Spry editor Lisa Delaney is one of the rare souls who know what it’s like to be an “after.” This journalist and author of Secrets of a Former Fat Girl shed 70 pounds—and six dress sizes—and has kept it off for 20 years. She answers your questions here each week.
QUESTION: Part of the reason I want to lose weight is my health. I haven't had my cholesterol checked or anything, but I'm sure it's horrible. I get sick all the time; I have no energy. And I'm a nurse: I know what happens to people after a lifetime of not taking care of themselves. However, this doesn't motivate me at all. I want to look good. And I'm afraid once I lose the weight, I'll be covered in loose skin and won't be beautiful anyway. What if I do all this work and still have low self-esteem about how I look, and then gain everything back? How do I get motivated to try even if I may end up still not liking how I look?–Anna
DEAR ANNA: You’re not the only nurse I know who neglects her health: I have a few in my own family. My theory is that the tendency we women have to sacrifice our own needs to care for others in our lives is only amplified when you’re in the business of caring for patients—it’s that much easier to justify leaving yourself out of the equation.
It’s not a bad thing to want to lose weight to look good, really—most of us are motivated at least in part by that. But here’s the thing: There IS no guarantee you’ll be happy with the results. Yes, you may end up with excess skin, although the fact that you are in your early 20s works in your favor, because the younger your skin, the more elastic it is. (Smoking and sun damage decrease elasticity, too). The amount of weight you lose seems to be a factor in whether you will have excess skin, too: It's unlikely your skin would be so stretched if you were losing 30, 40 or 50 pounds as compared to 100 or so. And then there’s the idea that the faster you lose the weight the more likely you are to end up with lose skin, another argument against get-thin-quick diets. I myself escaped with only a few stretch marks (despite the fact that I was a faithful tanner all through high school, college, and graduate school), and I lost my 70 pounds in my late 20s.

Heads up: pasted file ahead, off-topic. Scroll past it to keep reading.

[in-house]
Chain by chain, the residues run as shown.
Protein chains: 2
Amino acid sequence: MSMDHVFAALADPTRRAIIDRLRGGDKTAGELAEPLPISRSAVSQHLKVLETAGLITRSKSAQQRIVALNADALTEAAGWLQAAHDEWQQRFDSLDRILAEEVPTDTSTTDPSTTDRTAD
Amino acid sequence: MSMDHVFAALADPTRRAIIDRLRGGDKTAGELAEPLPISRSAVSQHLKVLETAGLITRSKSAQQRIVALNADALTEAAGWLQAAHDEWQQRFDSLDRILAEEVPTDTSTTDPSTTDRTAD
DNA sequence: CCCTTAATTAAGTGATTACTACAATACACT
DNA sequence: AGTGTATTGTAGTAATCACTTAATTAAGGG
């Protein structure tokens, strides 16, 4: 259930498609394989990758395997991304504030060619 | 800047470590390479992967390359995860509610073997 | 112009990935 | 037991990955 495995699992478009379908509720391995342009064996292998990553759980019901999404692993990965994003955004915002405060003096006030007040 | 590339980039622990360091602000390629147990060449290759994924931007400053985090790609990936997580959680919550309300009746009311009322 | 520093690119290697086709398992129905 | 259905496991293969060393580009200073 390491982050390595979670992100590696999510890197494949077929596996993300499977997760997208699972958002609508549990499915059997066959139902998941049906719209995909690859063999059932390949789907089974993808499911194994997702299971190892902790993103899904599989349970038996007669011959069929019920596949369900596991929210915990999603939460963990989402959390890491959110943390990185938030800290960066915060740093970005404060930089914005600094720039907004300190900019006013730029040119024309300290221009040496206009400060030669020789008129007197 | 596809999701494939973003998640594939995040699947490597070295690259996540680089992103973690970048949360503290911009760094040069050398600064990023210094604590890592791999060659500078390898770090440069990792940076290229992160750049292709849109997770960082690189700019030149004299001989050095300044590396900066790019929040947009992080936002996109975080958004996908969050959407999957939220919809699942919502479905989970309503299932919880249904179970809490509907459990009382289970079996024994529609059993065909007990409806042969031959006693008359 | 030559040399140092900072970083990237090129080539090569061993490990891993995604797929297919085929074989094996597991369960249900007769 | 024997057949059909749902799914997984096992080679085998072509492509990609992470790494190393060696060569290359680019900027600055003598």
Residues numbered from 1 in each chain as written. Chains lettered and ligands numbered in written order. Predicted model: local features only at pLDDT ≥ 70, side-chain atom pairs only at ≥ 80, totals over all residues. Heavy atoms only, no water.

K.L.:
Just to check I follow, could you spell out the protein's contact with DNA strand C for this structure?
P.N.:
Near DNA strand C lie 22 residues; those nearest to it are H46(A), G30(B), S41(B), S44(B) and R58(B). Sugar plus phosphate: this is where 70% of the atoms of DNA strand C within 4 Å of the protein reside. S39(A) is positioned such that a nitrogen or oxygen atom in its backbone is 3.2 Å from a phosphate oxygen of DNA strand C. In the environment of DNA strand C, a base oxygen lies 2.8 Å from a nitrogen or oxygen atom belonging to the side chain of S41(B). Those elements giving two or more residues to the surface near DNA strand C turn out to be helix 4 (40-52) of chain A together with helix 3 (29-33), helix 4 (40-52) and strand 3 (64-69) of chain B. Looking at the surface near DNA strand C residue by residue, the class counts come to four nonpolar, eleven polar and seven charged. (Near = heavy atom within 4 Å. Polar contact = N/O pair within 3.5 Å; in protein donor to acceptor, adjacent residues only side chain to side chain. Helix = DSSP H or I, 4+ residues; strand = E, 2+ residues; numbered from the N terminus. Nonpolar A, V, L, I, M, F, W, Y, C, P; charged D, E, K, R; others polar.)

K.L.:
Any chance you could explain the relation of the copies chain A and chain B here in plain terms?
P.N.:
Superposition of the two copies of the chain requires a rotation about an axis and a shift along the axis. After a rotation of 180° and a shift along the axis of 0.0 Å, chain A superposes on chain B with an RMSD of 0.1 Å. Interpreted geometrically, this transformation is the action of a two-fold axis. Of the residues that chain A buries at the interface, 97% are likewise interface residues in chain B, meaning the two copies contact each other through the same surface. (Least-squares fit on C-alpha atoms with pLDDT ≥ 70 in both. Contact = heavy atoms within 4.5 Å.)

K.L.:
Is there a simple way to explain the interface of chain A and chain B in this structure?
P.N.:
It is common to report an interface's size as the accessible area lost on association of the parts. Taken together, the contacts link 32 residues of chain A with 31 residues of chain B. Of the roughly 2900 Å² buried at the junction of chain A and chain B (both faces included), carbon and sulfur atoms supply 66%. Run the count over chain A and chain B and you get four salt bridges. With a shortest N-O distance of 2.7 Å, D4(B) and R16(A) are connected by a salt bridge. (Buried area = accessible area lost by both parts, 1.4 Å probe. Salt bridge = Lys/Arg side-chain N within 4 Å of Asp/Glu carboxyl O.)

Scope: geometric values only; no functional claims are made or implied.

Regardless, though—it is worth the gamble. Deciding to change your life is scary, there’s no doubt about it. Sometimes it’s easier to stay where you are, because at least you KNOW that place, even if you don’t like it so much. When you’re at the edge, where you are, you don’t know who you are going to be when you come out on the other side.
But part of what I found through my weight loss journey was that I needed to accept my flaws, both physical and emotional, or I was never going to be happy with me. It’s something I work at every day, trying to let go of that perfectionism that eats away at my ability to be happy and just enjoy life. The fact is that I still don’t have the “perfect” body, because there is no perfect body. There is only my body. As I began to eat right and exercise, I started feeling powerful inside and out, and I began appreciating that strength as much as—or even more than—how I looked in the mirror.
So, commit. Take those steps. Try making your goal less about a number on the scale or a jeans size, and more about the behaviors that lead to a healthy weight—exercising 5 days a week, for instance, or eating more vegetables. Set your sights on creating a healthy life, not building a bikini-worthy body. If you approach weight loss that way, your head will change as your body changes. And that, my dear, is what it takes to make weight loss last.